Influenza A (H1N1) 2009 Monovalent Vaccine
Drug class: Viral vaccines
Approval date: September 15, 2009
Companies: CSL Limited; Novartis Vaccines and Diagnostics Limited; Sanofi Pasteur, Inc.; MedImmune LLC
Treatment for: Prevention of Pandemic (H1N1) 2009 Virus
Medically reviewed by Drugs.com. Last updated on May 31, 2022.
FDA Approves Influenza A (H1N1) 2009 Monovalent Vaccine
The U.S. Food and Drug Administration has approved four vaccines against the 2009 H1N1 influenza virus.
Based on preliminary data from adults participating in multiple clinical studies, the 2009 H1N1 vaccines induce a robust immune response in most healthy adults eight to 10 days after a single dose, as occurs with the seasonal influenza vaccine.
Clinical studies under way will provide additional information about the optimal dose in children. The recommendations for dosing will be updated if indicated by findings from those studies. The findings are expected in the near future.
As with the seasonal influenza vaccines, the 2009 H1N1 vaccines are being produced in formulations that contain thimerosal, a mercury-containing preservative, and in formulations that do not contain thimerosal.
People with severe or life-threatening allergies to chicken eggs, or to any other substance in the vaccine, should not be vaccinated.
In the ongoing clinical studies, the vaccines have been well tolerated. Potential side effects of the H1N1 vaccines are expected to be similar to those of seasonal flu vaccines.
For the injected vaccine, the most common side effect is soreness at the injection site. Other side effects may include mild fever, body aches, and fatigue for a few days after the inoculation. For the nasal spray vaccine, the most common side effects include runny nose or nasal congestion for all ages, sore throats in adults, and -- in children 2 to 6 years old -- fever.
What is Influenza A (H1N1) 2009 Monovalent Vaccine?
Influenza A 2009 Monovalent Vaccine is an inactivated influenza virus vaccine indicated for active immunization of persons ages 18 years of age and older against influenza disease caused by pandemic 2009 virus.
How will I receive Influenza A (H1N1) 2009 Monovalent Vaccine?
Based on currently available information, the vaccination regimen is as follows:
Adults 18 years of age and older:
- A single 0.5 mL intramuscular injection.
Influenza A (H1N1) 2009 Monovalent Vaccine is an inactivated vaccine that cannot cause influenza but rather stimulates the immune system to produce antibodies.
Dosage Forms and Strengths
Influenza A (H1N1) 2009 Monovalent Vaccine, a sterile suspension for intramuscular injection, is supplied in two presentations:
- 0.5 mL preservative-free, single-dose, pre-filled syringe.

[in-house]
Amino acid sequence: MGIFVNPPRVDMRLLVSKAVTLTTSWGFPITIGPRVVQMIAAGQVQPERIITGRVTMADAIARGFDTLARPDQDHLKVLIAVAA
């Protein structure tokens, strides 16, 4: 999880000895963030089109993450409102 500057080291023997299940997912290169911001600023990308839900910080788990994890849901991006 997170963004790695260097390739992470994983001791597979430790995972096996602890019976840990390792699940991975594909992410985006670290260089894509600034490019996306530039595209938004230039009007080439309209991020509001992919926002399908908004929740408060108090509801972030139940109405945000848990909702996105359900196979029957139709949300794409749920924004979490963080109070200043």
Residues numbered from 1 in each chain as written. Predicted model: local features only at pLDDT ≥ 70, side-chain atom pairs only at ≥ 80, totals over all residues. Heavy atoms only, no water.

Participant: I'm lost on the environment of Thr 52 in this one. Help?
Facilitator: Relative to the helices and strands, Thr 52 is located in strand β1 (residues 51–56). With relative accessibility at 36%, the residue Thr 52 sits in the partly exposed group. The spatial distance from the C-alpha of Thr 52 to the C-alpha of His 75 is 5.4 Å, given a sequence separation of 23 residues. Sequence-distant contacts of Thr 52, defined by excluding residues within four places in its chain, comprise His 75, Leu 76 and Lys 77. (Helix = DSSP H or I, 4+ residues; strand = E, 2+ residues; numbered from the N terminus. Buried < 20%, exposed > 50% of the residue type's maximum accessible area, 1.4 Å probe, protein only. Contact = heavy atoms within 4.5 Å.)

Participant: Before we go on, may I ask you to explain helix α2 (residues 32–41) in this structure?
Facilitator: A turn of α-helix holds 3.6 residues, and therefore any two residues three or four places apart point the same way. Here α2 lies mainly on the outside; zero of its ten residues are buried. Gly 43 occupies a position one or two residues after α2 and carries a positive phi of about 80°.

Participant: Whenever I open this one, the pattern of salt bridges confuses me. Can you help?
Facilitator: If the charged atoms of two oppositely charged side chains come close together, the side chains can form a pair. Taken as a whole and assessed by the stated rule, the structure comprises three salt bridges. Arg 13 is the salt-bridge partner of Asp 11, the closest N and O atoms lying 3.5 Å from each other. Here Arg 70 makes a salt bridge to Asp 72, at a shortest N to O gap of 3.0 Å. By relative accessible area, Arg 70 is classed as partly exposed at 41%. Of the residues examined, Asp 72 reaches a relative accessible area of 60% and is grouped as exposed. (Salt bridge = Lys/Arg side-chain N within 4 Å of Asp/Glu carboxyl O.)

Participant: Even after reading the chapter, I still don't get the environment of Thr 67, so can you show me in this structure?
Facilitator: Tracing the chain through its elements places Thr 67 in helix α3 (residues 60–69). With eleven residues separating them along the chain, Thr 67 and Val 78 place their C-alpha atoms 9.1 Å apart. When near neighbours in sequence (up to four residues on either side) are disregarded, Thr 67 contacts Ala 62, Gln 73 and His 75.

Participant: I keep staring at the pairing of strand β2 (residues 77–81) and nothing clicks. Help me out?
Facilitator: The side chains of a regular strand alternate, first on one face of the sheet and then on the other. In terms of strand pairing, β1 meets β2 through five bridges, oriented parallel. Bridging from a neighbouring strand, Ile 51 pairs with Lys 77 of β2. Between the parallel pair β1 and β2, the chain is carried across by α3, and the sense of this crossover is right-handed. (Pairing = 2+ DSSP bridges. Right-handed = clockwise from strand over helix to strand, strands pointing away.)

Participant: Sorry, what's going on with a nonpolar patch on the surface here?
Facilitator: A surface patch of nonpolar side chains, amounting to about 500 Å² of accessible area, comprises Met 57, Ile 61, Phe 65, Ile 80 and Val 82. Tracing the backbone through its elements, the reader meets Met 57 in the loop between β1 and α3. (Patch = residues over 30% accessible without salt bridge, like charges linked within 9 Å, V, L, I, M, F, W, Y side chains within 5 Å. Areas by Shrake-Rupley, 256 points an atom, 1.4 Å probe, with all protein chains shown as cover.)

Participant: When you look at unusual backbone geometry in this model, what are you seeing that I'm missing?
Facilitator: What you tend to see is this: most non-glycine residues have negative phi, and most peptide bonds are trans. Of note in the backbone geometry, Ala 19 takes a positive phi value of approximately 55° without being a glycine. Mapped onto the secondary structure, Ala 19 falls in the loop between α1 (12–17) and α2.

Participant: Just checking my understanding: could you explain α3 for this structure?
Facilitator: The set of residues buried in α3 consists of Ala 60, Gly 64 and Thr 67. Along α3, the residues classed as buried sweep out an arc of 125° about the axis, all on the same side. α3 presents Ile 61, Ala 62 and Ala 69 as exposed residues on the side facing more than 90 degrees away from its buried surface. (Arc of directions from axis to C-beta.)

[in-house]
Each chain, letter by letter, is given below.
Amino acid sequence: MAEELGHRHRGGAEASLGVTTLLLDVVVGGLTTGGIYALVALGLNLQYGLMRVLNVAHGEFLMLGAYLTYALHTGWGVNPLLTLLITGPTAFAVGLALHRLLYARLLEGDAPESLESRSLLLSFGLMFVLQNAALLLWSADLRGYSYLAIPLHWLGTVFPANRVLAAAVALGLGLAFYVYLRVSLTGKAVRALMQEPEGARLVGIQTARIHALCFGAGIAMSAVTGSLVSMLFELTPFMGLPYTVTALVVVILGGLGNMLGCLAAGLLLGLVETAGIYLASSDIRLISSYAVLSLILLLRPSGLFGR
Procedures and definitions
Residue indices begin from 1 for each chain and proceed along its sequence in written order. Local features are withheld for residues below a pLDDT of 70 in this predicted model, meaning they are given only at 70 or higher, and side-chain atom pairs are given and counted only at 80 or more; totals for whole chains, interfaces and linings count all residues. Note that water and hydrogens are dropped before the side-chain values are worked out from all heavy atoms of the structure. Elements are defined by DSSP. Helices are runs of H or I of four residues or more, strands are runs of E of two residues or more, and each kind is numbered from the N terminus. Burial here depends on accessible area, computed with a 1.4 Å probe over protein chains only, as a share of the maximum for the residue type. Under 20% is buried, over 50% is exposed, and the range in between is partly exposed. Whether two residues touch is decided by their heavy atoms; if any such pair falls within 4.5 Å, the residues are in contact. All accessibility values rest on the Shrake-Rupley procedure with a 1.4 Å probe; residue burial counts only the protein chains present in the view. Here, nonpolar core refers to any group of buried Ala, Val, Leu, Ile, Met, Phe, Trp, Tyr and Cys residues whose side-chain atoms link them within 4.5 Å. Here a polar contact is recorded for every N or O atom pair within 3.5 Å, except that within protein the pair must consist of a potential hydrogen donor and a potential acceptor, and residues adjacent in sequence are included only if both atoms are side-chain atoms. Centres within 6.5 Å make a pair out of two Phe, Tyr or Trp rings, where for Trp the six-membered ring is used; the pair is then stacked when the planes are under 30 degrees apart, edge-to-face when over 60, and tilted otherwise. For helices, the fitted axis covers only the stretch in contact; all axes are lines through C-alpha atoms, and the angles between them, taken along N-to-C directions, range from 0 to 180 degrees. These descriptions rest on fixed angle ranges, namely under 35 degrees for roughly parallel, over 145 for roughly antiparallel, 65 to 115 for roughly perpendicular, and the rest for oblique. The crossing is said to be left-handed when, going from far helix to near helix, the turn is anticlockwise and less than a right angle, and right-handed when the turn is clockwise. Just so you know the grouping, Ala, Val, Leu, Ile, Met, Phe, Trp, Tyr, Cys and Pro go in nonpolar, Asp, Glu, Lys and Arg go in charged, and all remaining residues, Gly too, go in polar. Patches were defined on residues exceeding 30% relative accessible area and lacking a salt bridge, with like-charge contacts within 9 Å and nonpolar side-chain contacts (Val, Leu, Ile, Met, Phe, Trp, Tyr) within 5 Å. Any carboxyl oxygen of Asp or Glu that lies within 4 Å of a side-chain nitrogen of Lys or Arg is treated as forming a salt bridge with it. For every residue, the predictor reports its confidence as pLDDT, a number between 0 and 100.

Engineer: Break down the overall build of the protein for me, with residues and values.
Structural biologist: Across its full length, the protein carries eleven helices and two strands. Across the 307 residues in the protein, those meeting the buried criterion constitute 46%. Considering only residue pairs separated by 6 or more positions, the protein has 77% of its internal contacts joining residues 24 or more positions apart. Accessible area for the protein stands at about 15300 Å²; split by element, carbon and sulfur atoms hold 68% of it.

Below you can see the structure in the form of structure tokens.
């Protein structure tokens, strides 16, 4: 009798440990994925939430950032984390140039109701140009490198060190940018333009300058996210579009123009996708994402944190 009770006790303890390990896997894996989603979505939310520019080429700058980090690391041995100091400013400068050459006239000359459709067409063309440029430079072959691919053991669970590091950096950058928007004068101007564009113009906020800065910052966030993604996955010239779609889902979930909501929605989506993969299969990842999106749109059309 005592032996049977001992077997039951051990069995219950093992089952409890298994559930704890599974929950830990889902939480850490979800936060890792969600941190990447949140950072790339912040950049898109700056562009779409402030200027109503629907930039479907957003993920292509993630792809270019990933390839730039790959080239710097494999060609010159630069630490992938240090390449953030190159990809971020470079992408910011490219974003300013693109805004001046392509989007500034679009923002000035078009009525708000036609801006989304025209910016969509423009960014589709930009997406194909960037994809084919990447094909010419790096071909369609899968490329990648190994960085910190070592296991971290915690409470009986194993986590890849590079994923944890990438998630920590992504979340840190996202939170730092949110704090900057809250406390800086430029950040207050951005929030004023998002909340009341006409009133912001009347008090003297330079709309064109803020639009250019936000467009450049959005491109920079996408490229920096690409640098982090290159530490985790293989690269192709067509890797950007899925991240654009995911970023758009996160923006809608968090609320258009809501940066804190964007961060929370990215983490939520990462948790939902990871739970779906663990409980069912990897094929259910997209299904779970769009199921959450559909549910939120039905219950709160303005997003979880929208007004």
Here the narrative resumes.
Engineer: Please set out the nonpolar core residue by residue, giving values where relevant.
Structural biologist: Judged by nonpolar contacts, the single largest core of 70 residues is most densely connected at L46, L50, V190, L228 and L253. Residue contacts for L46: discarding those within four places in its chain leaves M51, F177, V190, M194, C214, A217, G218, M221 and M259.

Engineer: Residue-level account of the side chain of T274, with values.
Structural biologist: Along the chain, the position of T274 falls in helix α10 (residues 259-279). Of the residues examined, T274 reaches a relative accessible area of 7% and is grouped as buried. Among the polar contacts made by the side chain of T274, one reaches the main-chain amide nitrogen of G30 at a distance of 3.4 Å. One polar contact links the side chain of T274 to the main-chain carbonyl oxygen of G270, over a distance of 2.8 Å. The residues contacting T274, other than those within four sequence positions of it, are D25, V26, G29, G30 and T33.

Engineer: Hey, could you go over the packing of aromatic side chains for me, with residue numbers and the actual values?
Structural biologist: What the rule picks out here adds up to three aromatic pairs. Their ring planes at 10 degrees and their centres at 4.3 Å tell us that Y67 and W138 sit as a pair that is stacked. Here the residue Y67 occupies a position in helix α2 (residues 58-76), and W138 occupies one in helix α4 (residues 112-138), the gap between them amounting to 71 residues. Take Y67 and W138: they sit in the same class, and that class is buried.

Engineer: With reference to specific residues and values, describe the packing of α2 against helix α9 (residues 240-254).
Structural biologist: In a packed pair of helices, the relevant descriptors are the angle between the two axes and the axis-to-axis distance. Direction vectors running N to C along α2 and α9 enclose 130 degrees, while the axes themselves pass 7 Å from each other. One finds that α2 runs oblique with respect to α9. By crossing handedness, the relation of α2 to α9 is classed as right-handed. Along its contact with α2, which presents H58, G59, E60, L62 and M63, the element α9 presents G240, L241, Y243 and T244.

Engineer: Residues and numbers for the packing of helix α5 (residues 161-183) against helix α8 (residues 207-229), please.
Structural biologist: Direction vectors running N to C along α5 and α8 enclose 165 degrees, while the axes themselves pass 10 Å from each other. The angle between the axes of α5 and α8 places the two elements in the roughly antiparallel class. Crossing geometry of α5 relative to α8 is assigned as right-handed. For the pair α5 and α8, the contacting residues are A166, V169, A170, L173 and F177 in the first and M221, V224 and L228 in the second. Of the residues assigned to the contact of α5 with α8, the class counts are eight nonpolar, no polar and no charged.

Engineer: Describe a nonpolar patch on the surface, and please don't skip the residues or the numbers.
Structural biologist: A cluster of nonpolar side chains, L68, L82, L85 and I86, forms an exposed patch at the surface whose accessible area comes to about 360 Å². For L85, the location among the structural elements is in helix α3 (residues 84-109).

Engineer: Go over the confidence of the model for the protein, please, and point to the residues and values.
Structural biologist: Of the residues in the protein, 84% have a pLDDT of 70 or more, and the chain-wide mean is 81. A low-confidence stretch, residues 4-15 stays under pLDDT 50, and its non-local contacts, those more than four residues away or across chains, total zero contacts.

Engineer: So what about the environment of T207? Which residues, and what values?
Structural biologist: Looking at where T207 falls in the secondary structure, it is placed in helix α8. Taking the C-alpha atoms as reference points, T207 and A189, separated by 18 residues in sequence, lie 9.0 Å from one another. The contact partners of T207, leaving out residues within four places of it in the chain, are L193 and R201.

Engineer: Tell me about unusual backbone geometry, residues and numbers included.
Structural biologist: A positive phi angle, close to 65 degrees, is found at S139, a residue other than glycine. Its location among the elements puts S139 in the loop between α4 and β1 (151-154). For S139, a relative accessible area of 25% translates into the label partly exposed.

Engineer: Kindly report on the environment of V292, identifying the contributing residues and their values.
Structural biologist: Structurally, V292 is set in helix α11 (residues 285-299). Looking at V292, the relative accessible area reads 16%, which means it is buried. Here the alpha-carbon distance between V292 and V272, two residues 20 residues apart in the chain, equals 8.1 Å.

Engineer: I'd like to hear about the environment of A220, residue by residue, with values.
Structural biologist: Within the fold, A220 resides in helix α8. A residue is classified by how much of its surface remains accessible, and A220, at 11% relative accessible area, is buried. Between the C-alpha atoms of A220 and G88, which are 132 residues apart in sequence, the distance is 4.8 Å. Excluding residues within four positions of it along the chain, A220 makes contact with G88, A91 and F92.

- 5 mL multi-dose vial containing ten doses. Thimerosal, a mercury derivative, is added as a preservative; each 0.5 mL dose contains 24.5 micrograms (mcg) of mercury.
Influenza A (H1N1) 2009 Monovalent Vaccine should not be used in patients who have hypersensitivity to eggs or chicken protein, neomycin, or polymyxin, or life-threatening reaction to previous influenza vaccination.
If Guillain-Barré Syndrome (GBS) has occurred within 6 weeks of previous influenza vaccination, the decision to give Influenza A (H1N1) 2009 Monovalent Vaccine should be based on careful consideration of the potential benefits and risks.
Immunocompromised persons may have a diminished immune response to Influenza A (H1N1) 2009 Monovalent Vaccine.
What other drugs will affect Influenza A (H1N1) 2009 Monovalent Vaccine?
Do not mix Influenza A (H1N1) 2009 Monovalent Vaccine with any other vaccine in the same syringe or vial.
Immunosuppressive therapies may diminish the immune response to Influenza A (H1N1) 2009 Monovalent Vaccine.
Before receiving Influenza A (H1N1) 2009 Monovalent Vaccine
Safety and effectiveness of Influenza A (H1N1) 2009 Monovalent Vaccine have not been established in pregnant women, nursing mothers or in persons less than 18 years of age.
Influenza A (H1N1) 2009 Monovalent Vaccine Side Effects
The most common (= 10%) local (injection-site) adverse reactions were tenderness, pain, redness, and swelling. The most common (= 10%) systemic adverse reactions were headache, malaise, and muscle aches.
Any severe or unusual adverse reactions should be reported to the healthcare provider.
To report SUSPECTED ADVERSE REACTIONS, contact VAERS at 1-800-822-7967 and www.vaers.hhs.gov.
More about influenza virus vaccine, h1n1, inactivated
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- Drug class: viral vaccines
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